“Well done is better than well said.” – Benjamin Franklin
A poorly performing company is in a state of constant and unmitigated chaos, where uncertainty abounds, communication is poor, and frustrations among employees, managers, and owners are high. Obstacles, both small and large, are throwing the company off kilter and there is no systematic approach to achieving order. Without intervention, long-term prospects are poor and its demise is inevitable.
There can be a number of reasons for this chaos. For instance, the company may be attempting to grow by expanding into new markets, but still using an old markets business model. Competitive threats could be driving industry changes but the company is in reactive mode, rather than leading those changes with innovation and new thinking. The company may have an insufficient focus on achieving sales, margins, and profit growth, and therefore be starved for capital and unable to make the necessary reinvestment in products, people, and infrastructure. Finally, the company may lack the resilience to withstand significant shocks, common in today’s economy, such as Brexit, abnormally low-interest rates, sluggish global growth, or technological change. Whatever the cause, this chaos must be acknowledged and dealt with.
The solution to taming this chaos, creating order and building a more resilient company, lies in implementing a systematic approach to building the business. In my more than 25 years of experience in transforming and building companies, as an executive, advisor, and board member, I have found that the best companies are built by leaders who work not only in the company but on the company. They have a clear sense of the difference between great products and a great company that produces great products.
For your benefit, I have summarized the six steps I believe are necessary to help reign in chaos and restore order, based on my real-life experience in running and advising companies. They are:
No company can achieve any meaningful change without first committing to change. Buy-in may be the result of a major crisis in the company (such as a big customer loss, cash crunch or other near death experience) which drives change, or it can be the result of an exceptionally powerful or visionary leader leading change. Either way, it is an absolutely and necessary first step in achieving growth and resiliency.
A transparent, realistic, and objective understanding of exactly where the business is now is the next critical step. This is a thorough understanding of the company’s market, operational, financial, and execution strengths and weaknesses, validated by research and customer feedback. The assessment should also include a deep understanding of the talent in the organization, starting with the senior leadership through to all the roles of the company.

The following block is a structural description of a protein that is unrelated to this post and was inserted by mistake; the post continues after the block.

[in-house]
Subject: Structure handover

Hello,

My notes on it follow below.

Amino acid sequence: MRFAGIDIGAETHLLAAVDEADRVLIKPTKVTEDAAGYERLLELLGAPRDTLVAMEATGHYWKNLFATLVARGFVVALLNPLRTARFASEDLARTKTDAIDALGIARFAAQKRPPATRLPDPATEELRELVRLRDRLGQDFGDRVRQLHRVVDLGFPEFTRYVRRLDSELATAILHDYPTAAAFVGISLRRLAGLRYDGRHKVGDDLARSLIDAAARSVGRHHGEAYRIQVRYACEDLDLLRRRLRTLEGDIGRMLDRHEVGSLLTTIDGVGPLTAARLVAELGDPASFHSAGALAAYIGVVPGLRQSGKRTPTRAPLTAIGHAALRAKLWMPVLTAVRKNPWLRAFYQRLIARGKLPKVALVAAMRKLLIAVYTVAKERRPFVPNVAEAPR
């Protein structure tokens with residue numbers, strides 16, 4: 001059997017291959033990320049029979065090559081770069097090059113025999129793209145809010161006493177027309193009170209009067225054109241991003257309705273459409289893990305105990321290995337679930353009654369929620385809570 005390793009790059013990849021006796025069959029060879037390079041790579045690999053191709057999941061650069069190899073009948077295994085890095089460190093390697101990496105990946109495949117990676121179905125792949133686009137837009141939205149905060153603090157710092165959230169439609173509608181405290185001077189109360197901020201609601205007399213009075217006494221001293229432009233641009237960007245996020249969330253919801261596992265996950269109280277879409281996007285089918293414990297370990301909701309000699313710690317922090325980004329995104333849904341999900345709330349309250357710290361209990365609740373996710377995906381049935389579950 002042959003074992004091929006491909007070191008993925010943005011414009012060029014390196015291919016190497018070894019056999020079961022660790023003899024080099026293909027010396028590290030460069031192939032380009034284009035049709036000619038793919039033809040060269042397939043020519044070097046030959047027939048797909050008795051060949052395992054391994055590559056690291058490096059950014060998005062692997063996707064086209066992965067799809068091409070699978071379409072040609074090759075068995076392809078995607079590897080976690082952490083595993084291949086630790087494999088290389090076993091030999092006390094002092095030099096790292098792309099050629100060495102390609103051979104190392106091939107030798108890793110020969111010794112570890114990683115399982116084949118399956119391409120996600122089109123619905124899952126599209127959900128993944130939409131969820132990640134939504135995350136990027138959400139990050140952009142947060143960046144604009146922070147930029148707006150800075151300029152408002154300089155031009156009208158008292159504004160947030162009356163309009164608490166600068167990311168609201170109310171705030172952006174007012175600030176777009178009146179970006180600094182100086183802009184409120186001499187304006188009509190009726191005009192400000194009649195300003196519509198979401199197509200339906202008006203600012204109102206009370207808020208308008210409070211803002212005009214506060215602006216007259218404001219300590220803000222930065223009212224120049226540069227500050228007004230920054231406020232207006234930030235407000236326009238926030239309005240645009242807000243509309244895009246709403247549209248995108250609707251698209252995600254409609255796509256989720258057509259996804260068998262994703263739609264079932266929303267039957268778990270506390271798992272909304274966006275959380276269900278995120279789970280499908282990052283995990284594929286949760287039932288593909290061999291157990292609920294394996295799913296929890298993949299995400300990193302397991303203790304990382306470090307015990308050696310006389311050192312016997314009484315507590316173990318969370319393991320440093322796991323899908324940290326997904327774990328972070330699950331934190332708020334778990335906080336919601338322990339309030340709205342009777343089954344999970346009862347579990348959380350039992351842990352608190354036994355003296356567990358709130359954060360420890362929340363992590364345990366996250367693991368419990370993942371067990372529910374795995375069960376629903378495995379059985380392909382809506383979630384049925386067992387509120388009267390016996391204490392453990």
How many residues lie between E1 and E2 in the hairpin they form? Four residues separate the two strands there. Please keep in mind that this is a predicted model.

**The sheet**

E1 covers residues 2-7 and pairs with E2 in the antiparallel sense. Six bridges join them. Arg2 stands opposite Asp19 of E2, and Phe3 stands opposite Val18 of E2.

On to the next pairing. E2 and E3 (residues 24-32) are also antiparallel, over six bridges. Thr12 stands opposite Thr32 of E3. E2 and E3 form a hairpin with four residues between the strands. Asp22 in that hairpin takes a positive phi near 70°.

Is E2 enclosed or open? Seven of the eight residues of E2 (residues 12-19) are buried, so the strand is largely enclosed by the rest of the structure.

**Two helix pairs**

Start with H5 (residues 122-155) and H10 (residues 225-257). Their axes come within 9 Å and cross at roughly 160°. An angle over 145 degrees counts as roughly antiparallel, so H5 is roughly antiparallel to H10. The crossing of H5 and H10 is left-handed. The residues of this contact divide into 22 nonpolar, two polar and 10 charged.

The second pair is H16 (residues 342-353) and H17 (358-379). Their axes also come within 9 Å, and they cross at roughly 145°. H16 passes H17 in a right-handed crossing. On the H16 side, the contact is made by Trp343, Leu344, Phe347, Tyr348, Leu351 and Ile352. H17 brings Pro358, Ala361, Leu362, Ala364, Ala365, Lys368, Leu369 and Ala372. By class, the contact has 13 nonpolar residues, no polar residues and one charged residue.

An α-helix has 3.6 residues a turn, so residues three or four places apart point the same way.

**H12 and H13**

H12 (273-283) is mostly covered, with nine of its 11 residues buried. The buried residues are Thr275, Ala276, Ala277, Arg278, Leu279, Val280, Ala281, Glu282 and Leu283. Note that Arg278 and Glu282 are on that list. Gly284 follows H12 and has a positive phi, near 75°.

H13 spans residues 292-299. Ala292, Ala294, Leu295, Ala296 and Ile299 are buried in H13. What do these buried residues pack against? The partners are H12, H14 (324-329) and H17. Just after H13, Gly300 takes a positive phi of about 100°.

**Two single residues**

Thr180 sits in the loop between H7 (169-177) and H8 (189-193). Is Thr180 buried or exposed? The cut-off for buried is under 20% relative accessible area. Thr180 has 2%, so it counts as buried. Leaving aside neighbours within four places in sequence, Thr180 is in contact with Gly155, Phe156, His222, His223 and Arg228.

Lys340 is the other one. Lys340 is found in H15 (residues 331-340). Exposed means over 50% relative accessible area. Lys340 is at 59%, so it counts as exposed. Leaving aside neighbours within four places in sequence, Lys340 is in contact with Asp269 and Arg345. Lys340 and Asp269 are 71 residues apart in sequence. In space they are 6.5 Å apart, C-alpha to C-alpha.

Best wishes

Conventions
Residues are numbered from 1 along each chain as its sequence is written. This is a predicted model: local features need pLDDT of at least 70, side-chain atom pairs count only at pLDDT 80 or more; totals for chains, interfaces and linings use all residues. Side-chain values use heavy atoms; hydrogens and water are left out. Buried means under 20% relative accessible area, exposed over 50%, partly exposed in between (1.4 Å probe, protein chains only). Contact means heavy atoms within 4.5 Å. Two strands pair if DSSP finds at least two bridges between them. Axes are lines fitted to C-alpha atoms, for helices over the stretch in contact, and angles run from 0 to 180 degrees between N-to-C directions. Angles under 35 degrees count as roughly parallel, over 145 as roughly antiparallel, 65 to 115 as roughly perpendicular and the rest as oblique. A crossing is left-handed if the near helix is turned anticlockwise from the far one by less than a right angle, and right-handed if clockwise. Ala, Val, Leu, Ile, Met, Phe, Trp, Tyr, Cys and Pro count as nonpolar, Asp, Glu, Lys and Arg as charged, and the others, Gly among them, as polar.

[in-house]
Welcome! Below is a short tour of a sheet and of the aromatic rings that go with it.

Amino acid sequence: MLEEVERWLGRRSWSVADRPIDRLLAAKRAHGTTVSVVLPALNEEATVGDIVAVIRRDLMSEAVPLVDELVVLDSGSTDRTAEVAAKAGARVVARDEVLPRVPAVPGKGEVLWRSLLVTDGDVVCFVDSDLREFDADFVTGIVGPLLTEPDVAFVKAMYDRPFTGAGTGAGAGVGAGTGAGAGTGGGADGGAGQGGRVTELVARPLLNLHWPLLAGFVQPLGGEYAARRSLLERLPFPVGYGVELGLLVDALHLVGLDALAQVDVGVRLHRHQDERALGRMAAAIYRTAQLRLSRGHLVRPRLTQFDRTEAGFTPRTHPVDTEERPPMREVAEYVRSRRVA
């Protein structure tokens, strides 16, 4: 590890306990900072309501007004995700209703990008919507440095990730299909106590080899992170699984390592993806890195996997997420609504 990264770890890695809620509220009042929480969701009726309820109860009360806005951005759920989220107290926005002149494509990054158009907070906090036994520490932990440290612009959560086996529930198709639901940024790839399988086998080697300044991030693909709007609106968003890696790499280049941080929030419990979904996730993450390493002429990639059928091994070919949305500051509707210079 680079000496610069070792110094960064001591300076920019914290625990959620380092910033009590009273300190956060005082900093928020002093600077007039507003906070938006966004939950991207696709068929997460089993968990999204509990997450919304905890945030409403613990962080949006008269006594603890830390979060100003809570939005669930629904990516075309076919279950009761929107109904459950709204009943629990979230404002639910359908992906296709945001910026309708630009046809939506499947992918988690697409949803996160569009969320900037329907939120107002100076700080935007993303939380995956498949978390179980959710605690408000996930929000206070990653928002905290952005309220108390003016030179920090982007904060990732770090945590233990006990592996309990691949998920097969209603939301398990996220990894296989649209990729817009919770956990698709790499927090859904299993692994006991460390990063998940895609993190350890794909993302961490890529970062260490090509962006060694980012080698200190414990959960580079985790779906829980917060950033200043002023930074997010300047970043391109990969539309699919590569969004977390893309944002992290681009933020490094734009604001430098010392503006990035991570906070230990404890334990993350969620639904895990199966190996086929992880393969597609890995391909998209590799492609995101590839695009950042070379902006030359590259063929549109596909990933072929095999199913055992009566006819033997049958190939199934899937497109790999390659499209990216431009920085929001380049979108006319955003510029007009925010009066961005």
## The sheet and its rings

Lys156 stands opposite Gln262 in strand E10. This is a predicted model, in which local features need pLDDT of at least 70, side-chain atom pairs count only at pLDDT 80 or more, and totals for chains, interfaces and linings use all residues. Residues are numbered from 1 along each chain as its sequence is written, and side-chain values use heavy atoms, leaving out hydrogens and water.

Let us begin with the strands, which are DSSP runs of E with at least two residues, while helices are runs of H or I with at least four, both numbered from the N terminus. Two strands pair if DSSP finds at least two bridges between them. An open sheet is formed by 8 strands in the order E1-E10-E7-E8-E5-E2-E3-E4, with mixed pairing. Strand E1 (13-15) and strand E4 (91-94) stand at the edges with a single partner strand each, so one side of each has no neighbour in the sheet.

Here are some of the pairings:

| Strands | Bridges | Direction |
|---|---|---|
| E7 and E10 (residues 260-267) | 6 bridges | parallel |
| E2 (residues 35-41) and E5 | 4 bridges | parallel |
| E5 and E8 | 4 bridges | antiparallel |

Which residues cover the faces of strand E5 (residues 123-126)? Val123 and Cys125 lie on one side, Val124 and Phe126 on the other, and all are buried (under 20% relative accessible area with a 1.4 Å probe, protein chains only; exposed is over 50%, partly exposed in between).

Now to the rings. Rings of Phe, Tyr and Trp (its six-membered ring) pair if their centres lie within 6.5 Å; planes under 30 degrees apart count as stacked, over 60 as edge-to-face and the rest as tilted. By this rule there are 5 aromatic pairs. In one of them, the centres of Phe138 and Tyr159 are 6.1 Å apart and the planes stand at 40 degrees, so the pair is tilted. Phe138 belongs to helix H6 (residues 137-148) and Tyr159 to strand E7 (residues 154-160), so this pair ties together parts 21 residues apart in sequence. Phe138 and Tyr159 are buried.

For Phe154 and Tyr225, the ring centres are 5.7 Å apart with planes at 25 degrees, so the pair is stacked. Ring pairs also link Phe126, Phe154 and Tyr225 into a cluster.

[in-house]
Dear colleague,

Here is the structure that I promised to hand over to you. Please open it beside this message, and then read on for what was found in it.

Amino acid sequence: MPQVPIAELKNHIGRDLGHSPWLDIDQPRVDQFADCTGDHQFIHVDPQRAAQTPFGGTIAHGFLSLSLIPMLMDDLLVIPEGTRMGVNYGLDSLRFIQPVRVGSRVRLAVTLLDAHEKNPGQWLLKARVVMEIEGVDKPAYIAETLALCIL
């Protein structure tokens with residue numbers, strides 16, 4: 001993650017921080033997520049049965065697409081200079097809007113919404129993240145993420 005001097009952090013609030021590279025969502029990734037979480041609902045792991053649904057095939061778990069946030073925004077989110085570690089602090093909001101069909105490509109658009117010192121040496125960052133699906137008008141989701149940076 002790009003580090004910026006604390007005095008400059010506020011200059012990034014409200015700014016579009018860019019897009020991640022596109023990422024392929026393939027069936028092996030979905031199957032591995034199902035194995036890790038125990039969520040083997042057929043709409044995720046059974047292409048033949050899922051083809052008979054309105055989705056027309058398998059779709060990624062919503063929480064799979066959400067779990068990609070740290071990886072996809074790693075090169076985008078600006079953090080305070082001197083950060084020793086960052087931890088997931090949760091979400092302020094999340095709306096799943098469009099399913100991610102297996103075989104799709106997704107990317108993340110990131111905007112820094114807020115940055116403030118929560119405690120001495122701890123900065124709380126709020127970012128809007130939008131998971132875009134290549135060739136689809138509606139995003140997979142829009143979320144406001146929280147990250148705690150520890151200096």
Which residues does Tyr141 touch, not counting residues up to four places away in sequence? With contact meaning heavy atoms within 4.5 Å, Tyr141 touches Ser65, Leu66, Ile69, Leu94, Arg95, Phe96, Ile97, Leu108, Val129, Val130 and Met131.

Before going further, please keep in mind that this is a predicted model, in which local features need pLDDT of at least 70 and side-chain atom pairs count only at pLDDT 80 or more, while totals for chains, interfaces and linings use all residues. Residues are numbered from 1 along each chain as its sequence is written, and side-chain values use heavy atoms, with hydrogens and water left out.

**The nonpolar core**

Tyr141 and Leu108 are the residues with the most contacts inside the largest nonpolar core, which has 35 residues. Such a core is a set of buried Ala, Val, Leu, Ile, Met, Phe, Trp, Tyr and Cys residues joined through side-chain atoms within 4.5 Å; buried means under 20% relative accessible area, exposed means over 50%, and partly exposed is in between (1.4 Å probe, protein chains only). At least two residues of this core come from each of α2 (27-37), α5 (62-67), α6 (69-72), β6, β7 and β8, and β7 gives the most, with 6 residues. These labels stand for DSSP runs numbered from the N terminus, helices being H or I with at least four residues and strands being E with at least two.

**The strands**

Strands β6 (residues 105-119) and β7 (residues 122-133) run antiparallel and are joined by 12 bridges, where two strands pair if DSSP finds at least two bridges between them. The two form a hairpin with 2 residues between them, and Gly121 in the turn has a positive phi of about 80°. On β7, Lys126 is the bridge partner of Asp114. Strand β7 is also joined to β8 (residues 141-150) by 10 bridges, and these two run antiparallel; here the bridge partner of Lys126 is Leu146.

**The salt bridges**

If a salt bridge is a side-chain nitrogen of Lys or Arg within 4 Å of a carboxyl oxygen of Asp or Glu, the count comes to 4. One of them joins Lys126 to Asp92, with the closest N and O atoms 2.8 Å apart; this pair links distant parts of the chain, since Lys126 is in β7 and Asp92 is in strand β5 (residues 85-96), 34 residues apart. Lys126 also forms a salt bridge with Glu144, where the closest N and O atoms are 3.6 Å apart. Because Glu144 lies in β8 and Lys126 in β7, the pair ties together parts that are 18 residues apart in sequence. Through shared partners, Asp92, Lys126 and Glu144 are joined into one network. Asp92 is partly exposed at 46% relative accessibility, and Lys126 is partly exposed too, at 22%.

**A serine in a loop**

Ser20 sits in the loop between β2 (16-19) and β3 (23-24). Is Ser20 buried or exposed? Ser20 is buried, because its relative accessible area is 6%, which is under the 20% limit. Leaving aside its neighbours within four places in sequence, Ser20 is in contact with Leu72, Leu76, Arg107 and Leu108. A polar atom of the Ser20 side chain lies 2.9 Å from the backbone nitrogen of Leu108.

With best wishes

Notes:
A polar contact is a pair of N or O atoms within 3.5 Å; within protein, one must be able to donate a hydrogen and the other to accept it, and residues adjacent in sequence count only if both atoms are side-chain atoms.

The plan encompasses the key findings of the assessment and lays out a clear, concrete, and well thought out roadmap which will create long-term value and market domination. The plan includes the necessary strategic initiatives that bolster your company’s position supported by actions and milestones. It should cover at least the next three-year period, and include a 12-month perform cash flow and income statements. It should then be communicated to all employees and the necessary resources secured to ensure its successful execution.
The most successful companies I have worked with have an obsessive focus on execution. Research has consistently shown that the ability of a company to execute well is one of the strongest determinates of long-term success. Good execution includes building a culture of excellence, developing good systems, providing employees with the necessary skills and tools to succeed, and ultimately aligning the achievement of execution with long-term goals.
A small number of key metrics in the organization (less than six), should be tracked, reviewed, reported and acted upon on a regular basis. The goal of the measures is to ensure that the execution of the company’s action is in alignment with achieving the plan, and any significant deviation is highlighted and addressed.
Continuous and aggressive improvement is achieved by understanding the delta (gap or difference) between the plan performance and the actual performance, and then closing this gap. The best way for an organization to constantly improve is to build a culture of improvement and excellence, so the employees ultimately rise above the need for a methodical system and embrace the philosophy as their own.
Any company can be turned into a well-oiled machine and survive the turmoil that we are experiencing today by focusing on these six steps; buy-in, assessment, plan, execute, measure, and improve. Order can be achieved as the company grows through different stages of its maturity. There is no need to put your company at risk during difficult times, just follow these six steps and you will build a valuable, enduring, dominant, and resilient company.
Eamonn has a B. Eng. (Electrical) from Lakehead University, MBA (Finance) from University of Toronto, and has completed Executive Education at Stanford University Graduate School of Business. He lives in Vancouver, Canada. Follow him on twitter @EamonnPercy